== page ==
The first consensus statement recommends that EGFR mutation testing be performed routinely in surgically resected non-squamous NSCLC. The rationale is that there is data for the use of EGFR TKIs in the adjuvant setting as outlined in this editorial. There was some disagreement by experts outside China questioning the strength of the data for adjuvant EGFR TKI therapy. Indeed, there should be a clinical justification for any investigation that is performed. Therefore, in the clinical setting where EGFR TKIs are not available as adjuvant therapy, there may not be a strong rationale for testing. Having said that, some of the advantages of performing oncogene mutation testing is for patient enrolment into adjuvant clinical trials, streamlining medical care (and therefore in the event of systemic disease relapse, there will not be a delay in initiating the appropriate systemic therapy) and the ability to perform targeted liquid biopsies as an adjunct investigation to monitor for disease relapse.

The second and third consensus statements recommend that EGFR TKIs could be used as a substitute for chemotherapy in patients with Stage 1B to 3A resected NSCLC. Unsurprisingly, there was disagreement amongst the experts outside China, mainly citing the lack of an OS advantage or an arm in any of the adjuvant studies combining chemotherapy with EGFR TKI therapy. Although EGFR TKI therapy represents a novel option with a biological rationale in this population, clinicians should exercise caution for these reasons and therefore chemotherapy should remain the standard-of-care for any post-operative oncogene driver mutation NSCLC patient outside a relevant clinical trial. Moreover, a number of crucial questions remain about using adjuvant EGFR TKI therapy, such as length of treatment and financial toxicity associated. Another important point is that there is a risk that by initiating the TKI early, there will be clonal selection and therefore a more resistant subtype or histological transformation at disease relapse. Outside more robust data, EGFR TKIs could be considered an option for patients with resected EGFR-mutant NSCLC who are ineligible or refuse to undergo chemotherapy as per the recommendations in consensus 4 and 5.

Next, consensus statement 6 recommends regular brain and bone imaging in patients with resected EGFR-mutant NSCLC. Though intuitive given a small percentage of patients experience CNS disease relapse (13), a number of experts outside China had varying opinions. This is due to the lack of clinical trial data and in fact, the ADAURA study included chest, abdomen and pelvis CT staging (not brain) as part of the surveillance protocol. Nevertheless, it is important to always consider CNS relapse as a possibility in patients with resected EGFR-mutant NSCLC and clinicians should have a low threshold to institute brain imaging as clinically indicated.

Finally, consensus statements 7 and 8 suggest re-biopsying patient tumours at disease relapse and for the commencement of osimertinib en spec. Overall there was agreement for this approach from experts outside China. As discussed in this editorial, instituting TKI therapy early could result in clonal selection and relapsed tumours in this context are likely to behave differently from de novo EGFR-mutant tumours. For example, tumours which relapse after being treated with 1st line EGFR TKIs are more likely to have the T790M mutation but could also have other patterns of resistance such as a MET mutation or amplification or undergone small-cell transformation (14,15). Therefore, it is important to both histologically and molecularly evaluate relapsed disease in order to determine the most suitable treatment course as there could be a small percentage of patients of which osimertinib may not be the most suitable treatment option. Nevertheless, if re-biopsy of relapsed tumours is not possible, then instituting osimertinib based on Occam’s razor applies.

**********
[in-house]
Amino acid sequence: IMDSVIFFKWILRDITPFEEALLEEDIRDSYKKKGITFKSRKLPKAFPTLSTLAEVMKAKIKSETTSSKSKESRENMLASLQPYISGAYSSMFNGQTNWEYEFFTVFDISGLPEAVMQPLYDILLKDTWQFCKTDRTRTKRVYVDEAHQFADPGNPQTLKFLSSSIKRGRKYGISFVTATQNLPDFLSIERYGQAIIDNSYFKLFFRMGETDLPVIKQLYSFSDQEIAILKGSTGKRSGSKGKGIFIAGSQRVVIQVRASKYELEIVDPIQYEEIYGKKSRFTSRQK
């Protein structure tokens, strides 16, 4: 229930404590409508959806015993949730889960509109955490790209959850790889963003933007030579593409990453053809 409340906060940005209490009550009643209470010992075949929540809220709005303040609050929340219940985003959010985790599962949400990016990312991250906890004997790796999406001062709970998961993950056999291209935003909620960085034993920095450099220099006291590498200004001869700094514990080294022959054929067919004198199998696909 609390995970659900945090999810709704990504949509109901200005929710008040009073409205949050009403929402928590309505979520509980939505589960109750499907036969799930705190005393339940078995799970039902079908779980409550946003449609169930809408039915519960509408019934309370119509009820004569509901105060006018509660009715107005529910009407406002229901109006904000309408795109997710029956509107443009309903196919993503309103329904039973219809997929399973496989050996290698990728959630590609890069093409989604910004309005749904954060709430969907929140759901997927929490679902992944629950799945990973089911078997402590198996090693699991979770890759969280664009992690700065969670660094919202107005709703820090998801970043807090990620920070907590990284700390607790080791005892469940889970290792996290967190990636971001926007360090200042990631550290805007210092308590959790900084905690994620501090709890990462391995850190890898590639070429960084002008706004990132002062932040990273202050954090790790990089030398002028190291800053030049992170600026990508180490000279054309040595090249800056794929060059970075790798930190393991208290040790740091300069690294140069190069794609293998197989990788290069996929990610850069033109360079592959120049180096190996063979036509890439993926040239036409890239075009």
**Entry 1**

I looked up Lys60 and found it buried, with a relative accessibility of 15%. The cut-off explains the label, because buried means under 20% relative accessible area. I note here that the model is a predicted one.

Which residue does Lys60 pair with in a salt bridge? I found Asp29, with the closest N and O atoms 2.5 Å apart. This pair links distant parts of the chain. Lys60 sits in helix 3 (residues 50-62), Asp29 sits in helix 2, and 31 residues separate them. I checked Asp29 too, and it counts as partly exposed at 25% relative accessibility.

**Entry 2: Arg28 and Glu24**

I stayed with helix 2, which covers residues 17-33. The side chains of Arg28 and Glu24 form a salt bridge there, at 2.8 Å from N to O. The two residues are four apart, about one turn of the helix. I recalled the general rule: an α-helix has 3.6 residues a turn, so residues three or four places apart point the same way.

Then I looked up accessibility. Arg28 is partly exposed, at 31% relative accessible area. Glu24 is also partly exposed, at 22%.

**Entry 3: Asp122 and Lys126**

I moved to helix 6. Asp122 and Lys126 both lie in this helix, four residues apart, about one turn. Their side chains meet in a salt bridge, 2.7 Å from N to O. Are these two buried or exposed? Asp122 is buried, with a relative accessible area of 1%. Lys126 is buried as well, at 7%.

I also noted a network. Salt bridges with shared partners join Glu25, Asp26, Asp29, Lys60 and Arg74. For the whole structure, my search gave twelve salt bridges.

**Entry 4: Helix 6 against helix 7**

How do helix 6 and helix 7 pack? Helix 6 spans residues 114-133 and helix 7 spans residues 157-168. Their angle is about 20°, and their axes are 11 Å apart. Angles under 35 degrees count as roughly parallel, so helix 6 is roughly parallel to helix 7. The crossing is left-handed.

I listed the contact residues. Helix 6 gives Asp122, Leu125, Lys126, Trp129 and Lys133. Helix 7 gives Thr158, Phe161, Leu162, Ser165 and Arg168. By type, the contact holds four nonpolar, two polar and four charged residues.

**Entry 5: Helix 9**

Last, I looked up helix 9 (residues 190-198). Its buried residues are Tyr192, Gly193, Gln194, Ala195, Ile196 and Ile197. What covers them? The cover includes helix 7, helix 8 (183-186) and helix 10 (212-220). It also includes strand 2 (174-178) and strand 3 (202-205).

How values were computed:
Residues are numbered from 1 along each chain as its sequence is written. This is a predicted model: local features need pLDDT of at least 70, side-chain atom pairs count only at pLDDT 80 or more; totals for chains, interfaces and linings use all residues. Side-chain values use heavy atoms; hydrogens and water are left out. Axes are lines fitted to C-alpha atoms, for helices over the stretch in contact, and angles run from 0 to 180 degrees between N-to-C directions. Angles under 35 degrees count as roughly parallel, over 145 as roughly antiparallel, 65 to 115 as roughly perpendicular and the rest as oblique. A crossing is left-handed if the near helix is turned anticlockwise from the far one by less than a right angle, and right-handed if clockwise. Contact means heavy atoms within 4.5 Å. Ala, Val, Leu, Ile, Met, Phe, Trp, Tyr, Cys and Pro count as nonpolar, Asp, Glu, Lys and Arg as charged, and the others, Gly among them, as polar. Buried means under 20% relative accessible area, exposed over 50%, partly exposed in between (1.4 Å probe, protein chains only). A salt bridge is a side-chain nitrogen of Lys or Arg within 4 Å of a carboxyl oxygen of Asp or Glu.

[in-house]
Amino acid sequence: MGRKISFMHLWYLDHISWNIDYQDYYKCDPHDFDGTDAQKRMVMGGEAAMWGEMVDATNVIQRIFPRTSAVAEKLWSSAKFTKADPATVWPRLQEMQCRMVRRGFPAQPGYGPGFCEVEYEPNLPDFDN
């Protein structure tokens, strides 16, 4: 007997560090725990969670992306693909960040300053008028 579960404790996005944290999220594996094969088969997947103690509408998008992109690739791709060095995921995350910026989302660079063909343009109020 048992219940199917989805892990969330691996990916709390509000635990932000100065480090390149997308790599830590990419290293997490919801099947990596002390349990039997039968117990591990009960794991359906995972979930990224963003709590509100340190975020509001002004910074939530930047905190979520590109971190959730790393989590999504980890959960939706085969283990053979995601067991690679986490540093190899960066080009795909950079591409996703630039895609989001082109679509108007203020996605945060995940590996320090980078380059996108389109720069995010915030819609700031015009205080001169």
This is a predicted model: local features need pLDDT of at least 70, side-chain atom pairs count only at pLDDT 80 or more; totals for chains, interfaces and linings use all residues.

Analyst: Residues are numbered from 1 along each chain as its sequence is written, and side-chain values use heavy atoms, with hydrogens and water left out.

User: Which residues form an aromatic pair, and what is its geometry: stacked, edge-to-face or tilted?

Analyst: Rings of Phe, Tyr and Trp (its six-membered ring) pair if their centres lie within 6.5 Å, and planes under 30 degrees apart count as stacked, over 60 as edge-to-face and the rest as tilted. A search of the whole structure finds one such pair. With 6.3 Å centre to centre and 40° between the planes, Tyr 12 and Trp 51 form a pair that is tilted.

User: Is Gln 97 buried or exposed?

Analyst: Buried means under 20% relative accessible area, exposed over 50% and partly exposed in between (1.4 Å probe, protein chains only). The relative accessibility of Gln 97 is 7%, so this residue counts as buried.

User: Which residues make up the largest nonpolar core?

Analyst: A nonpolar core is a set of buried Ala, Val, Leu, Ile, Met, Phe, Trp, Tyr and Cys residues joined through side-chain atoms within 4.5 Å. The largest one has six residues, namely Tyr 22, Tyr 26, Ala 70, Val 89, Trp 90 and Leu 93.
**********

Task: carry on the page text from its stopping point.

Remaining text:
As the era of precision medicine dawns upon the oncology community, so must our ongoing efforts to evaluate the role of currently available and novel therapies in varying clinical settings in both a systematic and robust way. This is important so that we can provide optimal care to our patients, which consists of an improvement in survival and quality-of-life weighed against the risks of drug and financial toxicities. As such, this consensus document by the Society of Translational Medicine on postoperative management of EGFR-mutant NSCLC is timely and educational. Nevertheless, the results from studies which have completed recruitment are awaited which will further inform us on the optimal management of this patient subpopulation. The positive ADAURA results may be the next step towards instituting molecular testing in this setting, although the magnitude of benefit will need to be considered when these data are available. Nonetheless, the primary endpoint for ADAURA was DFS in patients with Stage IB to IIIA resected NSCLC and many questions will remain unanswered for several years to come. Most importantly we will not know if the adjuvant third generation TKI (unlike the first generation TKIs) given for three years actually cures patients or simply delays disease progression. If it is the former, then there is no doubt that treatment paradigms should change to accommodate adjuvant TKIs, if it is the latter then we would argue that molecular subclassification will better enable researchers to design studies that impact cure by personalisation of therapy.


Funding: None.


Provenance and Peer Review: This article was commissioned by the editorial office, Translational Lung Cancer Research. The article did not undergo external peer review.

Conflicts of Interest: Both authors have completed the ICMJE uniform disclosure form (available at SA reports personal fees and non-financial support from Astra Zeneca, personal fees from Roche, personal fees from Boehringer-Ingelheim, personal fees from Merck-Sharpe Dohme, personal fees from Bristol-Myers Squibb, outside the submitted work; TJ reports personal fees from Astra Zeneca, personal fees from Roche, personal fees from Boehringer-Ingelheim, personal fees from Merck-Sharpe Dohme, personal fees from Merck, personal fees from Pfizer, personal fees from Takeda, personal fees from Bristol-Myers Squibb, personal fees from Novartis, outside the submitted work.

Ethical Statement: The authors are accountable for all aspects of the work in ensuring that questions related to the accuracy or integrity of any part of the work are appropriately investigated and resolved.

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Cite this article as: Arulananda S, John T. Adjuvant TKI therapy in resected EGFR-mutant non-small-cell lung cancer—ready for prime time? Transl Lung Cancer Res 2020;9(5):1728-1731. doi: 10.21037/tlcr-20-615